Let It Glow: Natural Light In The Darkness

Let It Glow: Natural Light In The Darkness
Amanda Bancroft Making Ripples

Amanda Bancroft

Making Ripples

There are countless ways that nature plays with light, even in darkness. Winter snow and ice reflect the moonlight, and stars look their brightest in winter. In the depths of the deep sea, cold caves, and dark forests, bioluminescence highlights the life that may otherwise go unnoticed. There is life thriving in even the most barren, hopeless landscapes (and the most uncertain new year).

As winter descends post-solstice, it’s nice to know that the stars are showier than usual, on a clear night, that is. One may wonder why the stars don’t seem as bright on June, July and August nights when the temperature is nice for comfortable stargazing. Freezing nights in December, January, and February offer the best view, ironically. Deborah Byrd of EarthSky radio explains that’s because in summer we’re looking towards the center of the Milky Way Galaxy, and there are so many stars that the view appears hazy. In winter, we’re facing towards the outside of the galaxy, with fewer, but brighter, closer stars and a backdrop of blackness in deep space.

Winter offers time for reflection and opportunities for light to reflect, too. According to the National Snow and Ice Data Center, “albedo” is a number that indicates how well a surface reflects solar energy. Zero is a perfect absorber, and one is a perfect reflector. Snow and ice combined have a score of 0.9! So when layered together, they can reflect about ninety percent of the sun’s rays. Even the moon, with a low albedo score of 0.12 because it’s a dark grey rock, reflects enough sunlight for it to appear luminous at night, and that light is scattered onto the snow and ice to produce a winter wonderland.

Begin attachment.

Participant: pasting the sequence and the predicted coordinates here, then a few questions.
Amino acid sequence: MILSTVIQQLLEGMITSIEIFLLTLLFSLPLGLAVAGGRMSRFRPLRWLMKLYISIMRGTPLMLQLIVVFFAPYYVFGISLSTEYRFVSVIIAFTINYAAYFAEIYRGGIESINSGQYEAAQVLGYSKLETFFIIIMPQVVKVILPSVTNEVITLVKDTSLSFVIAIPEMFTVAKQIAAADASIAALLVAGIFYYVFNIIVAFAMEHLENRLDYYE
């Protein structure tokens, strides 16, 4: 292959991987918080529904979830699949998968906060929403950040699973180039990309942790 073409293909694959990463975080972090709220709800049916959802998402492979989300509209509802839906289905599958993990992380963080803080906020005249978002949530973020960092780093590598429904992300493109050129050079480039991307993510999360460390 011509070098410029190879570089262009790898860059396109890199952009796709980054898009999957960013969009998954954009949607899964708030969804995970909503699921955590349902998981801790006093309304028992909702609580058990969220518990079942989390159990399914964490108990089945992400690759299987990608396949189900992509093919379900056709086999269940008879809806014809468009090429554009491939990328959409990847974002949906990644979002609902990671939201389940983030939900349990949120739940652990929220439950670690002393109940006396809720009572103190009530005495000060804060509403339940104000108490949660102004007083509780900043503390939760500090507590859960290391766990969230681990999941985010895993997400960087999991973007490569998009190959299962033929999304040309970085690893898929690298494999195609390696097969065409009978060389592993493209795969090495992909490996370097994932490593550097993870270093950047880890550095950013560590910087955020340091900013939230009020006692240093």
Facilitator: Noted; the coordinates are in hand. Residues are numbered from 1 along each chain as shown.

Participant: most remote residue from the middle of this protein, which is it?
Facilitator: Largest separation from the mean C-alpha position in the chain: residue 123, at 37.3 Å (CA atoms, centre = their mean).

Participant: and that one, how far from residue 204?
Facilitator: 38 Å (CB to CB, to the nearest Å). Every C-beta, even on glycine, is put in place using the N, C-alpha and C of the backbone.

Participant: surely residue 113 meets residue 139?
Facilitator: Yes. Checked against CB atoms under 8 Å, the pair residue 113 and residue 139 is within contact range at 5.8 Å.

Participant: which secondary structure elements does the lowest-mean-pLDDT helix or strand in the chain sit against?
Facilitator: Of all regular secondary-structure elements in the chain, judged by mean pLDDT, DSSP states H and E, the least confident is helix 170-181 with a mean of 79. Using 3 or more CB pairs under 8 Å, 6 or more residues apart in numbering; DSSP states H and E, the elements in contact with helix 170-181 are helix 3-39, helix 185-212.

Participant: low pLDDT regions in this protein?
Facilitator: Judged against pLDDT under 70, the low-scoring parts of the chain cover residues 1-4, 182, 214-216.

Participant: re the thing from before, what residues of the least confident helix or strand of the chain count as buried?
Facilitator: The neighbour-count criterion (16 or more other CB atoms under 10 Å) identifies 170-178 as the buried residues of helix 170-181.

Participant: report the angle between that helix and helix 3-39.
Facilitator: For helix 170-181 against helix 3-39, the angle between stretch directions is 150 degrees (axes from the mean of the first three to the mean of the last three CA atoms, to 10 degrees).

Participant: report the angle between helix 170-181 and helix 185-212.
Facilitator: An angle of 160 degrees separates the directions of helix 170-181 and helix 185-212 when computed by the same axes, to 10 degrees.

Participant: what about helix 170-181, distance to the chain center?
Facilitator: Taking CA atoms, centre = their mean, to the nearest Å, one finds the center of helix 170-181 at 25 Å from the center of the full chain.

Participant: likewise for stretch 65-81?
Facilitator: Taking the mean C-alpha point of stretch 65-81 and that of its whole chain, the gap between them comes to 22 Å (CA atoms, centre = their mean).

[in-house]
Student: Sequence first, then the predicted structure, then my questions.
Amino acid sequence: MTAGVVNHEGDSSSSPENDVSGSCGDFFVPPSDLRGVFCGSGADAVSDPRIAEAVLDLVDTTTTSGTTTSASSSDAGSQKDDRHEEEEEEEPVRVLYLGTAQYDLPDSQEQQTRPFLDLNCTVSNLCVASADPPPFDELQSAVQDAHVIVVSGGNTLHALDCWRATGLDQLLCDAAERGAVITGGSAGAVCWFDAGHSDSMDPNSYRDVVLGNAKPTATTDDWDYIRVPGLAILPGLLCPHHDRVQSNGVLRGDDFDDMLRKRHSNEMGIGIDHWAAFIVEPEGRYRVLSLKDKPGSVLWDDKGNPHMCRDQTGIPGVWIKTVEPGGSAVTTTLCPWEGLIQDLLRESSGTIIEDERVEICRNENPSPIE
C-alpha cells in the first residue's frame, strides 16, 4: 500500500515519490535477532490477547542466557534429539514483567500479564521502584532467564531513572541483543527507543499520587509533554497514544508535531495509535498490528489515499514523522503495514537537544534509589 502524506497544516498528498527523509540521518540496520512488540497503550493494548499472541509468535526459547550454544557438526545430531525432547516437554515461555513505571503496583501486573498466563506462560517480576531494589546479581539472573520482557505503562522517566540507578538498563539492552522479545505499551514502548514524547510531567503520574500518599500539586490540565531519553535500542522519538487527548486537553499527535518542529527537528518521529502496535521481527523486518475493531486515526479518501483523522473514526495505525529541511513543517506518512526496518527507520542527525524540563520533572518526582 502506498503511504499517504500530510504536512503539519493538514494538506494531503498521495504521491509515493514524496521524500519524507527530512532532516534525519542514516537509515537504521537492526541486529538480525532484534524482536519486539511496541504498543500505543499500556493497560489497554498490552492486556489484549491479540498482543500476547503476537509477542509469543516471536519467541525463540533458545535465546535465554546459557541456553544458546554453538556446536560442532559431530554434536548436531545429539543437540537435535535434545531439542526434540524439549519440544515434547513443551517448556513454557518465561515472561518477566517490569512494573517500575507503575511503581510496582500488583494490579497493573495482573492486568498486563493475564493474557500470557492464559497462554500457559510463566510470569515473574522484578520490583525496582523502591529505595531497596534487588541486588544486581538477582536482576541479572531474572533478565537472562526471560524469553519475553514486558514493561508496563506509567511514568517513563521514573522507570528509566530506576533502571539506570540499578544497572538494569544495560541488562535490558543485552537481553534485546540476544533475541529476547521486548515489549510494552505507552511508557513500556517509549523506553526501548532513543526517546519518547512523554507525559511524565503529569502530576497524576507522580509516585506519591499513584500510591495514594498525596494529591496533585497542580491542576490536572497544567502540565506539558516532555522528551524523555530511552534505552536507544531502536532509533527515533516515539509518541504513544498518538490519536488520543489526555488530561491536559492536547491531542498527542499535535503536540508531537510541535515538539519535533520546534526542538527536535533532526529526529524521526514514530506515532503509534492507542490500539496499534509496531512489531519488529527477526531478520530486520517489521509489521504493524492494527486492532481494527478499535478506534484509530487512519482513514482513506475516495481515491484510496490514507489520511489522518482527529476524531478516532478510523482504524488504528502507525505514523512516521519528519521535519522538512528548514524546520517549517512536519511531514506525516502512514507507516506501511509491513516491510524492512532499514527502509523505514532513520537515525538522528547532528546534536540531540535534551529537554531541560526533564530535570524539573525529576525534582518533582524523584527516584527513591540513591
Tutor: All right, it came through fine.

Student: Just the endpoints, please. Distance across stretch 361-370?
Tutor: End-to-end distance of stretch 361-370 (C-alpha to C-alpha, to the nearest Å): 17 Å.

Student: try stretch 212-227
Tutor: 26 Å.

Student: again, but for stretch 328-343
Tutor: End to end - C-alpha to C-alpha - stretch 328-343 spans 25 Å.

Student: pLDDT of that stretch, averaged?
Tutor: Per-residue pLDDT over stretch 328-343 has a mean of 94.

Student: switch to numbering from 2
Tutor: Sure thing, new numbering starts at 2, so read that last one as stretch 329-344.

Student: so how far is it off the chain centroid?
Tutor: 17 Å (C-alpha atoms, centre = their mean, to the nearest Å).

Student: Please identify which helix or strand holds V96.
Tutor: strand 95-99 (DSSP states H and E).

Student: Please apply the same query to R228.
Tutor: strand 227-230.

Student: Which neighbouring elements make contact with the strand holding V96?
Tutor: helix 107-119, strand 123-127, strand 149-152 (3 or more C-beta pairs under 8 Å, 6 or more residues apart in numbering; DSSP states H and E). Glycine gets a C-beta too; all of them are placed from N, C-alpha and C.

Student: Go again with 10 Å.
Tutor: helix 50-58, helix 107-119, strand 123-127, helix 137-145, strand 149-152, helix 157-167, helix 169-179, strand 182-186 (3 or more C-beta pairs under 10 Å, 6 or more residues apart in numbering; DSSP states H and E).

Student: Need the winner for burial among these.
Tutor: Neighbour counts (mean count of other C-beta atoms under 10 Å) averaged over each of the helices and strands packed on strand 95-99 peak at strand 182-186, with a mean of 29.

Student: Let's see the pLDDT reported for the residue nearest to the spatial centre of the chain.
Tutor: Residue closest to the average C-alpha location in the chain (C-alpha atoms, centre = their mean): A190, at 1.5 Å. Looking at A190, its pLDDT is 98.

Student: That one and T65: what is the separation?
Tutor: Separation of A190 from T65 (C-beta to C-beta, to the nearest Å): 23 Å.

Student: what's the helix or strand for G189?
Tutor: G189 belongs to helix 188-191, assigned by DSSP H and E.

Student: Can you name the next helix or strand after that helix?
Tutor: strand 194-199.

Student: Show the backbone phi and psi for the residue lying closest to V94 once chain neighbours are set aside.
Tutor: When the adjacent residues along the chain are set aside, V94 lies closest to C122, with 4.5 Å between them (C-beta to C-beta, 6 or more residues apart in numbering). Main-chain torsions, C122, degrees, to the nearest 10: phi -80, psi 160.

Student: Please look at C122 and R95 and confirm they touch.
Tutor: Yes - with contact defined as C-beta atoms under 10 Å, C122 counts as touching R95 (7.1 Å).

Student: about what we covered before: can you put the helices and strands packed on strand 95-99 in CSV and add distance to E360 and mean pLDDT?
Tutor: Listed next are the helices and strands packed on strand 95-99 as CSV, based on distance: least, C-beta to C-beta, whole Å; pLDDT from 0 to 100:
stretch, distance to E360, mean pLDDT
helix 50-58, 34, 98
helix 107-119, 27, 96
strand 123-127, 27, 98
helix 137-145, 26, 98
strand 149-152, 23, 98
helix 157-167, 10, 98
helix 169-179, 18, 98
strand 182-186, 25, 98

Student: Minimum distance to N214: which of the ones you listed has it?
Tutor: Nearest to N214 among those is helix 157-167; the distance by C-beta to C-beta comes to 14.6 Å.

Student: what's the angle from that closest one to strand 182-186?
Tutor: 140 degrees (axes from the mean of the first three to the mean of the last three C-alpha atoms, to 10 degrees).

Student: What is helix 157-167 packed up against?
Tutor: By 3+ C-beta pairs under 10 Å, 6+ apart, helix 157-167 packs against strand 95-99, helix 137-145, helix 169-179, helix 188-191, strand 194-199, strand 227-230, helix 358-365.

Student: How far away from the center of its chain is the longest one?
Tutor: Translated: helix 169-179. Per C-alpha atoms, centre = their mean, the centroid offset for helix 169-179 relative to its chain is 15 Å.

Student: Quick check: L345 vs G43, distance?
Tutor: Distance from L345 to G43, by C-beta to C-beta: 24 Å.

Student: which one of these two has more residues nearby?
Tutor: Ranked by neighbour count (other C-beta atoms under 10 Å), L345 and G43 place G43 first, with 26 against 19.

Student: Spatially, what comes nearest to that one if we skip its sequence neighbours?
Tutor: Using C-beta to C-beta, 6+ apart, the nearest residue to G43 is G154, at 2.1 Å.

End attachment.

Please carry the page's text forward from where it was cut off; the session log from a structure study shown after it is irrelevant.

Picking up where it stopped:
But wintry reflections aren’t the only lights in the darkness. The New Zealand and Australian cave glowworm (Arachnocampa luminosa) generates a mural of stars on cave ceilings as part of their predatory plan to capture lunch. They glow with a similar chemical reaction found in fireflies, by combining oxygen, luciferin, luciferase, and adenosine triphosphate. Glowworms and fireflies don’t have a monopoly on lighting up the dark, however.

Bioluminescence is used for a variety of purposes, including camouflage, communication, mimicry, defense and warning, and attraction. It’s found in fungi such as our native “honey mushroom” (Armillaria mellea) with mostly hidden glowing mycelium, and also marine life, like krill and the angler fish (which has a symbiotic relationship with bacteria).

Even ocean waters can appear to glow, due to either dinoflagellates (such as marine plankton) on the surface or bioluminescent bacteria covering thousands of miles and capable of being seen from space. That effect is still being researched, as there are a few mysteries left to solve. In short, our planet is brilliant!

Amanda Bancroft is a writer, artist, and naturalist building an off-grid cottage for land conservation on Mt. Kessler. She and her husband Ryan blog about their adventures and offer a solar-hosted online educational center on how to make a difference with everyday.

Categories: Making Ripples